Understanding the 6820/1 PIA by CLIVE JONES

The 6820/1 PIA can be classed as two seperate 8-bit ports with interrupt
generating pins in one device. A two "channel" device if you like.

Each channel has an 8-bit (byte wide) port and any of those 8 port pins
can be configured as an input or output in any configuration. The ports
are refered to as "port A" and "port B". The interrupt generating pins
are CA1 and CA2 for port A and CB1, CB2 for port B. These are inputs on
the the other side of the PIA (to the "outside world" - not the
processor bus side). Cx1 is *always* an interrupt input pin, Cx2 can be
either an interrupt generating pin or a basic output pin as per the

Any state change received on the Cxx pins appear on the IRQ (Interrupt
ReQuest) pins on the bus side of the PIA (providing Cx2 is set to
generate interrupts). These pins - IRQa/b are tied together and also
tied to all other PIA IRQ pins in the system. This IRQ line is tied to
the 680x processor with a pull-up resistor (wire OR operation). When the
PIA acknowledges an interrupt on it's own Cxx pins, it sets the IRQa/b
output pins low and the processor starts the IRQ service routine.

The PIA also has three Chip Select pins (CSx) which bring the PIA out of
standby or "tri-state" operation via address decoding. In it's tri-
state, the data bus lines are high impedance - virtually open circuit so
that they do not present any weight or draw current from the processor
data bus whilst it's carrying out other system hardware operations. The
IRQa/b output pins and the port sides/Cxx pins remain active even during
tri-state operation so that they can still assert IRQs or acknowledge
incomming data on the port side.

There are also two Register Select pins (RS0/1) and these two bits
determine which of the internal six registers are being read from or
written too. However, you don't need to be a rocket scientist to work
out that you can't address six registers with two bits (00,01,10,11 = 4
address combinations). So to understand how the PIA works - you need to
look inside...

RS0/1 Description Function

0 0 Peripheral Register A Port data bits themselves
0 0 Data Direction Reg. A Sets I/O pin. 0=input, 1=output

...the first thing you see here as that both registers share the same
address. You determine which register you want to access by setting bit
2 of the "control" register. A "control" register exists for each

0 1 Control Register A

 |      |    |    |    |    |    |_____|
 |      |    |    |    |    |       |
 |      |    |    |    |    |       '-- CA1 control (set-up)
 |      |    |    |    |    '-- =0 Direction. =1 Port itself/Periph. A
 |      |    '----'----'--- CA2 control (set-up)
 |      '--- (read only) Interrupt via CA2 (if set to gen. interrupts)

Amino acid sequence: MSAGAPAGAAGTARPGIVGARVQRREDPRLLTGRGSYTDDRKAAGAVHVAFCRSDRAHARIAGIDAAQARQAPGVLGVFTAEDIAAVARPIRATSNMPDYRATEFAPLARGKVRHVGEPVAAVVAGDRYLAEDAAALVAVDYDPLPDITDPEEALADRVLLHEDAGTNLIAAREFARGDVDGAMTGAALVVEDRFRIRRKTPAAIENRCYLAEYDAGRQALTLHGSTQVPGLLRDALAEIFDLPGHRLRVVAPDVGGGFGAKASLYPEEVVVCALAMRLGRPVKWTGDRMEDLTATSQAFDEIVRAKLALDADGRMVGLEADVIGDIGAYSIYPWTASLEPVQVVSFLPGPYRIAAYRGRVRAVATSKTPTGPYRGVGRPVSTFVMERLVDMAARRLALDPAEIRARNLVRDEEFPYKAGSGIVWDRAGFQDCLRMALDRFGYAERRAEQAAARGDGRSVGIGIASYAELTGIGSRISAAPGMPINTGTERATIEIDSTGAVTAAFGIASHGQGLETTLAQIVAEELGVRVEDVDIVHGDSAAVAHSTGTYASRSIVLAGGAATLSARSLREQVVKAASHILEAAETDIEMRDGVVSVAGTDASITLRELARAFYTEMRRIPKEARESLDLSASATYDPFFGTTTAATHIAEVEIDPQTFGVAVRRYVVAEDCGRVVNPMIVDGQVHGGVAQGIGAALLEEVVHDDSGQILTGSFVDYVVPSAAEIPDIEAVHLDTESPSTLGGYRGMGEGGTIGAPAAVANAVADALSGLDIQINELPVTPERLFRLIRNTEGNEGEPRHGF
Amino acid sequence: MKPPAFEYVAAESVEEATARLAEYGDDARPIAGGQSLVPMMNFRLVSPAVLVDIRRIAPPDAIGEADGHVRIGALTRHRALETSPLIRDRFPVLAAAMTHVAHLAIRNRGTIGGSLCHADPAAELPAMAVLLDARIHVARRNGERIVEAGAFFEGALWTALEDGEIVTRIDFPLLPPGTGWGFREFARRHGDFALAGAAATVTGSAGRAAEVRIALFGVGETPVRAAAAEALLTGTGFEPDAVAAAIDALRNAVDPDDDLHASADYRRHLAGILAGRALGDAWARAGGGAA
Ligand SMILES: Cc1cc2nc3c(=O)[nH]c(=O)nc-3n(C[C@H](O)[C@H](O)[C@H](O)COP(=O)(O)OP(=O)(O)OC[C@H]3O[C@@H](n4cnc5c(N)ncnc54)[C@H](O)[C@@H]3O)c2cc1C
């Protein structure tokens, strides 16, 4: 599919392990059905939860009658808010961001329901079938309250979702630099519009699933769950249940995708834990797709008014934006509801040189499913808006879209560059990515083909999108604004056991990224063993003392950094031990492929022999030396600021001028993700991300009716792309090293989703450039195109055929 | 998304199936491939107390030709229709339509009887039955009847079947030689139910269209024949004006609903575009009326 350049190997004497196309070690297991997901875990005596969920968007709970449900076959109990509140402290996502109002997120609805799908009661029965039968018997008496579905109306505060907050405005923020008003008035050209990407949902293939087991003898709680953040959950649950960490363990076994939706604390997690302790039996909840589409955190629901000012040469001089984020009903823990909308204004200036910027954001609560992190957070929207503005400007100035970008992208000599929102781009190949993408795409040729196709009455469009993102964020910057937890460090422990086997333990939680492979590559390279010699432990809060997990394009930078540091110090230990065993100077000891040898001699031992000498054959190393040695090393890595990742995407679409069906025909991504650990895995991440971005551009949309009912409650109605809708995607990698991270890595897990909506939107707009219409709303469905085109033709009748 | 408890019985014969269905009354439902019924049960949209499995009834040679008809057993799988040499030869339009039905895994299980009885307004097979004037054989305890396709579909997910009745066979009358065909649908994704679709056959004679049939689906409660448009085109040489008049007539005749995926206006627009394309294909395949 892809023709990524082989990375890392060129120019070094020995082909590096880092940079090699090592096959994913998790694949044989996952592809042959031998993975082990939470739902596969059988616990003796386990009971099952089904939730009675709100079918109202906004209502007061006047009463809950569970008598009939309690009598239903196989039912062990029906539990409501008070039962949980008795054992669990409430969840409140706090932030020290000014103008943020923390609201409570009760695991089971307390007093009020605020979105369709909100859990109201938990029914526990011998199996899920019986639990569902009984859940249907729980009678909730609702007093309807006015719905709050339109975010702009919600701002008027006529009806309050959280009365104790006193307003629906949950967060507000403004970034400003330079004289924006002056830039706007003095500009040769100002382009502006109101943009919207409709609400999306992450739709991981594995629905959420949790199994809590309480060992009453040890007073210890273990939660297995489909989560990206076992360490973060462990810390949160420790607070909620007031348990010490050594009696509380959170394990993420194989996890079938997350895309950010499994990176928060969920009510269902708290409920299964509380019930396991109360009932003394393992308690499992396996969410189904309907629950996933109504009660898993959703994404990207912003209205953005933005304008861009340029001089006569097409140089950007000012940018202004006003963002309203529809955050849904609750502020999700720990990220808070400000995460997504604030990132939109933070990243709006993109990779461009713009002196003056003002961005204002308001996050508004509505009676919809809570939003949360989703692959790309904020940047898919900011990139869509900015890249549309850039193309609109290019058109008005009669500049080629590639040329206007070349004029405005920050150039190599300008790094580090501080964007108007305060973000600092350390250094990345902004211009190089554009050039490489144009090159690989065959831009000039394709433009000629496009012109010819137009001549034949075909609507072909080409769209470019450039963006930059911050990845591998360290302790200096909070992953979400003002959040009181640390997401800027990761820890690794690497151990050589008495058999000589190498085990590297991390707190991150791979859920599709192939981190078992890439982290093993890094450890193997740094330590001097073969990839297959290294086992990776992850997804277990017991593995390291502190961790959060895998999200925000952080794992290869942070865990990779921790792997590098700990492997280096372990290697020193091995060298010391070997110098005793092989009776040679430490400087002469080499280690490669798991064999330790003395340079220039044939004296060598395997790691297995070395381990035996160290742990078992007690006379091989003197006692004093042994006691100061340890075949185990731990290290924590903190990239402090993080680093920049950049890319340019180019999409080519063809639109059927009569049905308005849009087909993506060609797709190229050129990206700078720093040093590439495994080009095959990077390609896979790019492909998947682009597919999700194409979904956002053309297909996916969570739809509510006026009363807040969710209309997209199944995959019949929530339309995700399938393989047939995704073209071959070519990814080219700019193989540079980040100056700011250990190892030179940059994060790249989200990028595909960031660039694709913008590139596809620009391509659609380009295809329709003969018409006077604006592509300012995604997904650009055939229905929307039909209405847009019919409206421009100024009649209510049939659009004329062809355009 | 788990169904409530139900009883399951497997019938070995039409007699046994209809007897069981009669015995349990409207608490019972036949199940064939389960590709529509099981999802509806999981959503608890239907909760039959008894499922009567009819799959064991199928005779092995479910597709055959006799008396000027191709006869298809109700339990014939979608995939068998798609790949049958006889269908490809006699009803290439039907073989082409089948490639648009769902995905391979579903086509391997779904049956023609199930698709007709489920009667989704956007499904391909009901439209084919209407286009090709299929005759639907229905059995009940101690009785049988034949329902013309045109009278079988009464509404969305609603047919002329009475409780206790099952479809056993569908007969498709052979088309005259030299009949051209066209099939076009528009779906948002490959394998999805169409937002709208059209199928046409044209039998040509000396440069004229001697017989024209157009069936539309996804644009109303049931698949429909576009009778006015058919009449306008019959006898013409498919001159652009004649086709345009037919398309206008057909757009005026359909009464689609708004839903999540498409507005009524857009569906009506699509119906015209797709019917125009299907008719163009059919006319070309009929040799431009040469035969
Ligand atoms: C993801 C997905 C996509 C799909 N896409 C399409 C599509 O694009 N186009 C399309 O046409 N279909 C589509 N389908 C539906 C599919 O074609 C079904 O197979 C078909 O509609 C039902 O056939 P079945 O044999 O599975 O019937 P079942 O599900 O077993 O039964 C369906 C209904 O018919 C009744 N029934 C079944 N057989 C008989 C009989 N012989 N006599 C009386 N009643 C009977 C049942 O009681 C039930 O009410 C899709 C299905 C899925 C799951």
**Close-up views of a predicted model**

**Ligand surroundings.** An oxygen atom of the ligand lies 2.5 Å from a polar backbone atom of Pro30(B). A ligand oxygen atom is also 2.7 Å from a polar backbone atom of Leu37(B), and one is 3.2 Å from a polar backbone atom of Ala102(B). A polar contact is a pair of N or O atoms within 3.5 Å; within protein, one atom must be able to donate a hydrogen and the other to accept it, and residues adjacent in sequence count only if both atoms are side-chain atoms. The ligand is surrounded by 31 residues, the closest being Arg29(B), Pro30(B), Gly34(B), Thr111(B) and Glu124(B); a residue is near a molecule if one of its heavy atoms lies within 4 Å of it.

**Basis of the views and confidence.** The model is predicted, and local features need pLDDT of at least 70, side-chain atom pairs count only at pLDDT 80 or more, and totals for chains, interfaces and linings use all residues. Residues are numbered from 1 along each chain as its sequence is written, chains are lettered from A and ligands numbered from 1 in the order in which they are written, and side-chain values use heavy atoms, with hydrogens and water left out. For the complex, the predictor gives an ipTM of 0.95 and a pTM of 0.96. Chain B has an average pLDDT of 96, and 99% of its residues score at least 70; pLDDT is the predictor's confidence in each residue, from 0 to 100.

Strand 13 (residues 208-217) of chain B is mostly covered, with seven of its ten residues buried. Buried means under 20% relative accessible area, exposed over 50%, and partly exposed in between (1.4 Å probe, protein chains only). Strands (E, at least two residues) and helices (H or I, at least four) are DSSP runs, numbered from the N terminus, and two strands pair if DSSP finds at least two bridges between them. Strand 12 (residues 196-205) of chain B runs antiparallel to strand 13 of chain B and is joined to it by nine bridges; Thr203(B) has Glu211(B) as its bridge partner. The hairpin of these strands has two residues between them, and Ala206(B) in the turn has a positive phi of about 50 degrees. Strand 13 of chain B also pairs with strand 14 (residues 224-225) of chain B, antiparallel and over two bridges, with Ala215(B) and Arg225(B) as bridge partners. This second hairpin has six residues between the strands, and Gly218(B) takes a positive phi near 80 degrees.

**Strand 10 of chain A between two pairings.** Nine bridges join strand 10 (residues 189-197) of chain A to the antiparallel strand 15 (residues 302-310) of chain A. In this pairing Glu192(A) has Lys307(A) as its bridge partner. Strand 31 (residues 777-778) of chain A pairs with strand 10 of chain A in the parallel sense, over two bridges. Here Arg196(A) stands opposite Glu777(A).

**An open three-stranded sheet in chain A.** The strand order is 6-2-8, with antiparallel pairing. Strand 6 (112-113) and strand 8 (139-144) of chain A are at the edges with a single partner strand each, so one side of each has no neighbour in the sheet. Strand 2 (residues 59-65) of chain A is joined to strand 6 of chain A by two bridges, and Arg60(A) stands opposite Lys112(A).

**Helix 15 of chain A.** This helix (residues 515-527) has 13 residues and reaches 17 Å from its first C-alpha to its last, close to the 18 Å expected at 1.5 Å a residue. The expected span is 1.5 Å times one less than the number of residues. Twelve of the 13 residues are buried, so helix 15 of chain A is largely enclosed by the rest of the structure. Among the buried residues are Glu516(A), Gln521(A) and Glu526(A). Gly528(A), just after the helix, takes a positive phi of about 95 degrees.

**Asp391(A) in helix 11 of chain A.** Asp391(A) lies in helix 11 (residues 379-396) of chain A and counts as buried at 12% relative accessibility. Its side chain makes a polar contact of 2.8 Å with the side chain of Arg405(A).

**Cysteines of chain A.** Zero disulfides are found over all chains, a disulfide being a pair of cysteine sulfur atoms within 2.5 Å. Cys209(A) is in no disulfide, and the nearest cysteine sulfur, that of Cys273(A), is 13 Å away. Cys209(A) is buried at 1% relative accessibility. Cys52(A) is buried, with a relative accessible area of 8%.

'--- (read only) Interrupt via CA1

...bits 0-5 can be written too and read by the processor but the IRQ
bits (6 and 7) are set by the PIA internally and the processor reads
these two bits to determine which CAx pin asserted the interrupt and the
appropriate action is then taken. The processor cannot write to bits 6
and 7. When the PIA sets bit 6 or 7 to "1" - it will lower the
appropriate IRQa/b output pin, but since they're both tied together -
they both go low. The PIA will clear bit 6 and 7 itself after the
processor has read the control port, ready for the next interrupt.

Port B has exactly the same configuration but substisute "B" for "A" and
"2" for "1" on the CA/B inputs...

1 0 Peripheral Register B Port data bits themselves
1 0 Data Direction Reg. B Sets I/O pin. 0=input, 1=output
1 1 Control Register B Sets CBx config. Port Register
access etc. that's your register addressing taken care of.

Out of reset. The PIA will always configure itself to both ports being
inputs and all interrupts disabled. The processor has to reconfigure
this for proper in-game operation.

So if you were to set up port A using 6800/2/8 assembly, it would look
like this (for example);

A_direct equ $2000
A_data equ $2000
A_cntrl equ $2001

clr A_cntrl ;access port A direction register (bit2=0)
ldaa #$0f ;upper 4 bits=input, lower 4 bits=output
staa A_direct ;set them.
tab ;accumulator B=accumulator A
ldaa #$04 ;now access the...
staa A_cntrl ; port iself
stab A_data ;set outputs (lower 4 lines PA0/3 high out)

... ;set port B...

The set-up and programming of the PIA depends on it's function. For
instance, port "A" may set set to all outputs and each bit individually
set high in sequence to sweep the switch matrix. Port "B"" may be
configured as all inputs to read the returns from the matrix and the
code will determine the valid switch closures and their scoring etc.

Interupt Handling

Cx2 is the only pin that can be configured as I/O. Cx1 is interrupt
generating only.

* Cx1 configuration *

bit1 bit0 Cx1 state IRQa/b status bit7 state
--------- --------- ------------- ----------

0 0 High>Low Disabled (High) =1 on low transition Cx1 pin
0 1 High>Low low when bit7=1 =1 on low transition Cx1 pin
1 0 Low>High Disabled (High) =1 on High transition Cx1 pin
1 1 Low>High low when bit7=1 =1 on High transition Cx1 pin

* Cx2 as Interrupt Generating *
(Bit 5 cleared.)

bit5 bit4 bit3 Cx2 state IRQa/b status bit6 state
-------------- --------- ------------- ----------
0 0 0 High>Low Disabled (High) =1 on low transition Cx2
0 0 1 High>Low low when bit6=1 =1 on low transition Cx2
0 1 0 Low>High Disabled (High) =1 on high transition Cx2
0 1 1 Low>High low when bit6=1 =1 on high transition Cx2

* Cx2 as I/O *
(Bit 5 set.)

bit5 bit4 bit3 bit2 Function
------------------- --------

1 0 0 0 Cx2 low after CPU reads port A data next low clock
1 0 0 1 Cx2 high when bit 7 is set (interrupt pending Cx1)
1 1 0 x Cx2 = contents of bit 3 (Cx2=output 0 this case)
1 1 1 x Cx2 = contents of bit 3 (Cx2=output 1 this case)


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